Artillery: cost 12, bombard 1*, combat move 0, non-combat move 1.
*Bombrdment strength used against infantry in same manner as AAA are used against aircraft.
Artillery should ATTRITION infantry in adjacent territories, rolling one die for each enemy infantry in the adjacent territory. Artillery bombardment/attrition would be entirely separate from normal attacks.
One's artillery could bombard a stack of infantry too large to attack with tanks and infantry, and do nothing more. Or one could follow the bombardment with a conventional attack. Or one could bombard a menacing looking stack of infantry which may be about to participate in an attack in the enemy's following turn. Thus bombardment would be a defensive as well as an offensive tactic.
Every artillery unit would fire one-at-a-time, with no limit on the number that could fire at a territory. Each successive firing artillery's effectiveness would then diminish as the number of bombarded enemy infantry divisions diminishes. Artillery would be most effective against large concentrations of enemy infantry.
In normal combat, artillery would play no role.
Using artillery in this fashion would allow us to raise infantry defense strength to 3, without monster stacks of infantry resulting.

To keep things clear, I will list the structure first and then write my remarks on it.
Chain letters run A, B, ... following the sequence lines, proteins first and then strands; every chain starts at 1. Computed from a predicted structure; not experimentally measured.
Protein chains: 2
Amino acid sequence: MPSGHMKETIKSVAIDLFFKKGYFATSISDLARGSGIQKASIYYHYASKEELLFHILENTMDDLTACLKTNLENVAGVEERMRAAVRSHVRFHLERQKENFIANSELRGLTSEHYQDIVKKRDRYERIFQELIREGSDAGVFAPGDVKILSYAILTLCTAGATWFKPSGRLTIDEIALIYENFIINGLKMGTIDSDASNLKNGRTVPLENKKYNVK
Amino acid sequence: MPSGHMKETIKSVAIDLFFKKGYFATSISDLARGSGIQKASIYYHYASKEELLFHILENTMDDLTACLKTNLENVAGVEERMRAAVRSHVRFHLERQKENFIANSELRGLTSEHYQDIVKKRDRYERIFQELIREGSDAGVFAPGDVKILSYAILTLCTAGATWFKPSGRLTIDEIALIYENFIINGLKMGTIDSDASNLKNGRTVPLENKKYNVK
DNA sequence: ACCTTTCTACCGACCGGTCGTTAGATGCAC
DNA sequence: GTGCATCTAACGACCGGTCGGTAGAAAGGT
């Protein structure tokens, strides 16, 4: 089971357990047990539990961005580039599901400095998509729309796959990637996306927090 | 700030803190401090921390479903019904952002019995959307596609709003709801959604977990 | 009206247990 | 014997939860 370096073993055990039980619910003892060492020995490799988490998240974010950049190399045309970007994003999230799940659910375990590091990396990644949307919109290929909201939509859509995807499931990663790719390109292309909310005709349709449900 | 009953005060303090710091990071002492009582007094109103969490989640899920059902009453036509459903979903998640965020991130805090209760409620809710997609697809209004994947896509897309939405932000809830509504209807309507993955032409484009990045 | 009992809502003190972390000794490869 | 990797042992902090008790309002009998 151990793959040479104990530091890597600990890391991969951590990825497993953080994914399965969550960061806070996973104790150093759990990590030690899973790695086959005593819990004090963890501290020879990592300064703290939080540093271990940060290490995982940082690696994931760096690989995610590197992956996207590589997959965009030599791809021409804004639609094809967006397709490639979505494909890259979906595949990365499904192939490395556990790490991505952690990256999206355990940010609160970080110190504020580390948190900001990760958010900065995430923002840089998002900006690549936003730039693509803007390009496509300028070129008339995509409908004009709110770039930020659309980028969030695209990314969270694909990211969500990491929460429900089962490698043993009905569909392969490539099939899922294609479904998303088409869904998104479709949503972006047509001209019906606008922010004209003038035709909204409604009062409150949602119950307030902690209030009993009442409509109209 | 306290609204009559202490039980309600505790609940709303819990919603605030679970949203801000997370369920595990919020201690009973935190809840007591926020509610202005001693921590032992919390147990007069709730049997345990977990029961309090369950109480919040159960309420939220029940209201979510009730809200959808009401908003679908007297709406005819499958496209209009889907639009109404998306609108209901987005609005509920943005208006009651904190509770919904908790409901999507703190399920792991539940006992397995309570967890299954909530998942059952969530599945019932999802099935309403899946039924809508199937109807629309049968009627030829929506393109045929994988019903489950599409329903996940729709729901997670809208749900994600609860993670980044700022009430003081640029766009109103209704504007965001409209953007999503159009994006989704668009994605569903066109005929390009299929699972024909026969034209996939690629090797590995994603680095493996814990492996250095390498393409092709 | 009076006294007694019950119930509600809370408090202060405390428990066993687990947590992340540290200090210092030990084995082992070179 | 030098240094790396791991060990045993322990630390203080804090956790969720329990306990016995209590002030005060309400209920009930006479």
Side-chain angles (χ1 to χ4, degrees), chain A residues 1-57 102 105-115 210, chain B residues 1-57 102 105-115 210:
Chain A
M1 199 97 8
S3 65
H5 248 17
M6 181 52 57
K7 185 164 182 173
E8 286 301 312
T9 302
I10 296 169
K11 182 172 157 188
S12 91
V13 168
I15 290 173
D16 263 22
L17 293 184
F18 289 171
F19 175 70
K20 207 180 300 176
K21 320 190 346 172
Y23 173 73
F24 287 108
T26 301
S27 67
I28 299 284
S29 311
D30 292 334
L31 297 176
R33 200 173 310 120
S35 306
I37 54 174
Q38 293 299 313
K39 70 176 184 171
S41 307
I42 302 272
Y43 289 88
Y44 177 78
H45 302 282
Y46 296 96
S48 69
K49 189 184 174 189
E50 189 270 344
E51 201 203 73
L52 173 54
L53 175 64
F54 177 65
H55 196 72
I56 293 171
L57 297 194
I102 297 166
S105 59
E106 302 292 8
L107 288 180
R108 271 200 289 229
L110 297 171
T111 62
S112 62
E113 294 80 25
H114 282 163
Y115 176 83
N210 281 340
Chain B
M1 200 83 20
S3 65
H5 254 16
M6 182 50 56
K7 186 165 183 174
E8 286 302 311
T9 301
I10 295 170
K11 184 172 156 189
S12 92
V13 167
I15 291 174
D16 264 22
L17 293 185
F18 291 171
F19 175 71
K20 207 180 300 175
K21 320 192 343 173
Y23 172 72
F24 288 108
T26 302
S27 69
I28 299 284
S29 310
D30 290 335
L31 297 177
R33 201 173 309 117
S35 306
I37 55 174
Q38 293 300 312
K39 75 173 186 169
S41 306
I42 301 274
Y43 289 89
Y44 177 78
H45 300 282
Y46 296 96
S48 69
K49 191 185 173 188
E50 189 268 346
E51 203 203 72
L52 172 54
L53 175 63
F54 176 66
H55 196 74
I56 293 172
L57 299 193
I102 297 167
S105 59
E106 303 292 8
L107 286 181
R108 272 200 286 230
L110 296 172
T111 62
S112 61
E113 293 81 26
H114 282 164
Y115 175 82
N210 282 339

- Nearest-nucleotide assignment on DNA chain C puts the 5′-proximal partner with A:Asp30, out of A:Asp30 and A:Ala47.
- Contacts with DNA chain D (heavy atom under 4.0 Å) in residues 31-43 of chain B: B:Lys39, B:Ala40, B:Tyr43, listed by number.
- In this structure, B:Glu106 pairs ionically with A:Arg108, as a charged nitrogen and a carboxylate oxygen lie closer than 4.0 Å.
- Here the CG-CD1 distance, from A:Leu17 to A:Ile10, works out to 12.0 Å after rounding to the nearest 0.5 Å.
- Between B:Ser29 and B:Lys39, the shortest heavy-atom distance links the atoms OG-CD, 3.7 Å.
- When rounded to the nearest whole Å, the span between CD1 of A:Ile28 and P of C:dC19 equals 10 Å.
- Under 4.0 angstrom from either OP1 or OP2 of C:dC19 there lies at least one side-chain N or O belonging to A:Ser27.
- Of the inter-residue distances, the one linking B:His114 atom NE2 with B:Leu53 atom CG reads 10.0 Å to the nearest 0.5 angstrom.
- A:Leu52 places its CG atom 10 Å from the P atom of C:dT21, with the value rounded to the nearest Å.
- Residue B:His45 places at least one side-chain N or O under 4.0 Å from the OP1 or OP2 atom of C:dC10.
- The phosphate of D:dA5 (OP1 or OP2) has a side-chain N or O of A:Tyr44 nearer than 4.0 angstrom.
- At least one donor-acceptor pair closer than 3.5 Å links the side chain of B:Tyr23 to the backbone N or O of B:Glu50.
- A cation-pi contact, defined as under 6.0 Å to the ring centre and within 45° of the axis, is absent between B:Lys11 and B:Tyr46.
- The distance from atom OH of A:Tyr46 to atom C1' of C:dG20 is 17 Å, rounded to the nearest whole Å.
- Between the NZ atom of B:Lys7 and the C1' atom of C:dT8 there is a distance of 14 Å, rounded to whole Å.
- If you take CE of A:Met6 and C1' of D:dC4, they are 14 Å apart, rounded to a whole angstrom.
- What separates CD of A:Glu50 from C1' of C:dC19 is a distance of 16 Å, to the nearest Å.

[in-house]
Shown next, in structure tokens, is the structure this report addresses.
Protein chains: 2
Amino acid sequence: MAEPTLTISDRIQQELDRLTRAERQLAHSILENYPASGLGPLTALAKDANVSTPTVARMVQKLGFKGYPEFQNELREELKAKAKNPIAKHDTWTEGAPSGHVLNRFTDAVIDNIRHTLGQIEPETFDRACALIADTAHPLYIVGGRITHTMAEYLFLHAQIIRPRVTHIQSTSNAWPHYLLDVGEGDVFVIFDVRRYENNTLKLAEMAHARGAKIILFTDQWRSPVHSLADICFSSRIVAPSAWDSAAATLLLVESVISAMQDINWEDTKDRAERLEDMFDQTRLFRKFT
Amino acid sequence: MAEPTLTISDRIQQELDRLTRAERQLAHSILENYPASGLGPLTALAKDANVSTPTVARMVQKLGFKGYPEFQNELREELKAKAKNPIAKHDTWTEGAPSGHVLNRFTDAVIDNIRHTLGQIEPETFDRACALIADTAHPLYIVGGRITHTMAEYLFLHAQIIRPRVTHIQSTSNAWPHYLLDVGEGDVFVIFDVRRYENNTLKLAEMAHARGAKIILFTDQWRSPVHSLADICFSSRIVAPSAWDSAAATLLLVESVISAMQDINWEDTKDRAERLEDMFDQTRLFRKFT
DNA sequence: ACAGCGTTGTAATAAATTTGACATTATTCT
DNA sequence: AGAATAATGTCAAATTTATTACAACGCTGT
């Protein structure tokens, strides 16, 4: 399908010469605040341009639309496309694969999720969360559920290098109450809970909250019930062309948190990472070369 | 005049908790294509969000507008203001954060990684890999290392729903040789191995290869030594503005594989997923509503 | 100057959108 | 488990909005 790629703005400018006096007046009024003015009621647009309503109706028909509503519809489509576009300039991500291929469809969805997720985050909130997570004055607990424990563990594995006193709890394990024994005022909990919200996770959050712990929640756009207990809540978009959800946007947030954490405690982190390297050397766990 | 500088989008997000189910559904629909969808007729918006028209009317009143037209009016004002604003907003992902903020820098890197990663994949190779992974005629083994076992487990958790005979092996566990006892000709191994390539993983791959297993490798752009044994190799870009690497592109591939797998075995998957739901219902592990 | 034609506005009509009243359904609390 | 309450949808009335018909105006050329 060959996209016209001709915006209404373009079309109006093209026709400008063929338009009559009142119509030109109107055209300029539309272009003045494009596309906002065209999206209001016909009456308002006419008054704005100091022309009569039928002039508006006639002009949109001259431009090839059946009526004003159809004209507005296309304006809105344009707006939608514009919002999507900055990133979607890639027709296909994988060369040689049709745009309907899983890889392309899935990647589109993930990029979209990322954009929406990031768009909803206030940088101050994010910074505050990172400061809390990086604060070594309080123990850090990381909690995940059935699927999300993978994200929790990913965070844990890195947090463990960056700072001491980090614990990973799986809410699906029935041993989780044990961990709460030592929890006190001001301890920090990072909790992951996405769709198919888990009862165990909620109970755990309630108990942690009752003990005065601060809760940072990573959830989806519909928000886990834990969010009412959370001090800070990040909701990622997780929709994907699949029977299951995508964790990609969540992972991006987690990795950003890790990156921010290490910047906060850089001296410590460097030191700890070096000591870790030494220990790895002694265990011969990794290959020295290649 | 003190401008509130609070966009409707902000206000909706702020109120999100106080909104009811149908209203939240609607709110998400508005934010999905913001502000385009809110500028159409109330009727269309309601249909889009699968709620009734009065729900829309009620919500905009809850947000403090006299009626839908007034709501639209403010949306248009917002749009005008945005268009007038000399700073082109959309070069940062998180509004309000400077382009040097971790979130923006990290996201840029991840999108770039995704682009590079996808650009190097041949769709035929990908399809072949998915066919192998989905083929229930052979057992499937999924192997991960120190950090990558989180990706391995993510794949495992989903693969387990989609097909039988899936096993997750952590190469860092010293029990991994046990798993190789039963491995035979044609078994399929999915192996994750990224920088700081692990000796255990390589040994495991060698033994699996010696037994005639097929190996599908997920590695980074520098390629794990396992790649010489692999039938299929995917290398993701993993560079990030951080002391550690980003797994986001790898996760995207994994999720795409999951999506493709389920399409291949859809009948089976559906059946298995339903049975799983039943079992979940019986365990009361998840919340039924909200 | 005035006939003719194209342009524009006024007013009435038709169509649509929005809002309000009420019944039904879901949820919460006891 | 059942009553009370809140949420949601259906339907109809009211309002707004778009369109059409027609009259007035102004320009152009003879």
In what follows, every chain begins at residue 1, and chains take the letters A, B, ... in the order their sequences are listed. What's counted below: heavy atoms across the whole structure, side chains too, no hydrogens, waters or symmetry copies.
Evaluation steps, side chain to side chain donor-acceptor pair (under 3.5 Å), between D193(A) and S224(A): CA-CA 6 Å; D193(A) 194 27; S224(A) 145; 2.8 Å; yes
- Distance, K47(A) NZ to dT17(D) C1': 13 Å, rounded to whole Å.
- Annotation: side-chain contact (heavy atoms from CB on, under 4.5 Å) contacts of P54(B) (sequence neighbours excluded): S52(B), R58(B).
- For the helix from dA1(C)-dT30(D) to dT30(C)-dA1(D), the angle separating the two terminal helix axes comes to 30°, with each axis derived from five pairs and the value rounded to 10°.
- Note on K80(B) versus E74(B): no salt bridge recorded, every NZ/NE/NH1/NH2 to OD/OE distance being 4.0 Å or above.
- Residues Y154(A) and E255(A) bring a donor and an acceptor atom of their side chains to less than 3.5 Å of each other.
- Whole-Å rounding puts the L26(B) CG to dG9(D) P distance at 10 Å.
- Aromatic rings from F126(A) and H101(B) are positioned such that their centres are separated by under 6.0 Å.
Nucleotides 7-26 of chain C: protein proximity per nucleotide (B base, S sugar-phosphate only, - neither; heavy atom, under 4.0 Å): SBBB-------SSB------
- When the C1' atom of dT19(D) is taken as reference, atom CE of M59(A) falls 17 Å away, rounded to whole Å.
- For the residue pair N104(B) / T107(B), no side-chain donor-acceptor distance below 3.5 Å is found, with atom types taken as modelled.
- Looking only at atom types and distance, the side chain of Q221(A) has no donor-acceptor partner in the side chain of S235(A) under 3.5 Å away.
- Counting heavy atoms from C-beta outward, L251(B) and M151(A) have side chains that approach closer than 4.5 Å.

Infantry defending at 3 would prevent the common situation where a force of infantry with only a marginal numerical edge prevails. For example, at present, 12 infantry will commonly prevail when attacking 6-8 infantry, as both may lose two in the first two cycles of combat. With infantry defending at 3, this is less likely.
Units hit by earlier firing units are removed immediately without firing.
Units which fire on the same line of the combat cycle return fire, then are eliminated.
BLITZKRIEG COMBAT SEQUENCE
1. Place Units on Battle Board
2. AAA fire*
3. Aircraft and Aircraft Carriers fire
4. Submarines fire**
5. Tanks, Battleships+ fire.
6. Infantry, Destroyers fire
7. Transports, AAA, and Artillery*** don't fire, but may be hit.
8. Attacker Retreats or Presses the attack.
9. Defender Stands or Retreats. Artillery and AAA may not Retreat.
10. Capture territory or sea zone.
*Fire once, only in first cycle.
**Subs fire at 4 at enemy Transports not paired 1:1 by enemy Destroyer.
***Artillery fire only by attrition, as described in previous post.
+ Battleships no longer fire in land combat. They fire in the same manner as artillery, as described in the previous post.
If either the attacker or the defender retreats, enemy units (except AAA)get a free unsanswered shot at all retreating units whose place in the Combat Sequence comes later.
EXAMPLE of RETREAT FIRE
A defender retreats his fighters, tanks, and infantry.
The attacker's aircraft take a free fire, and the retreating party must remove a tank or an infantry for each hit scored. The retreating party need not remove a fighter; however, he may do so if he wishes. (If the retreating party consisted entirely of fighters, no Retreat Fire hits could be scored.)
The attacker's tanks take a free fire, and the retreating party must remove an infantry for each hit scored.
ARTILLERY and AAA RETREAT
Artillery and AAA may not retreat and are automatically destroyed when their territory is captured.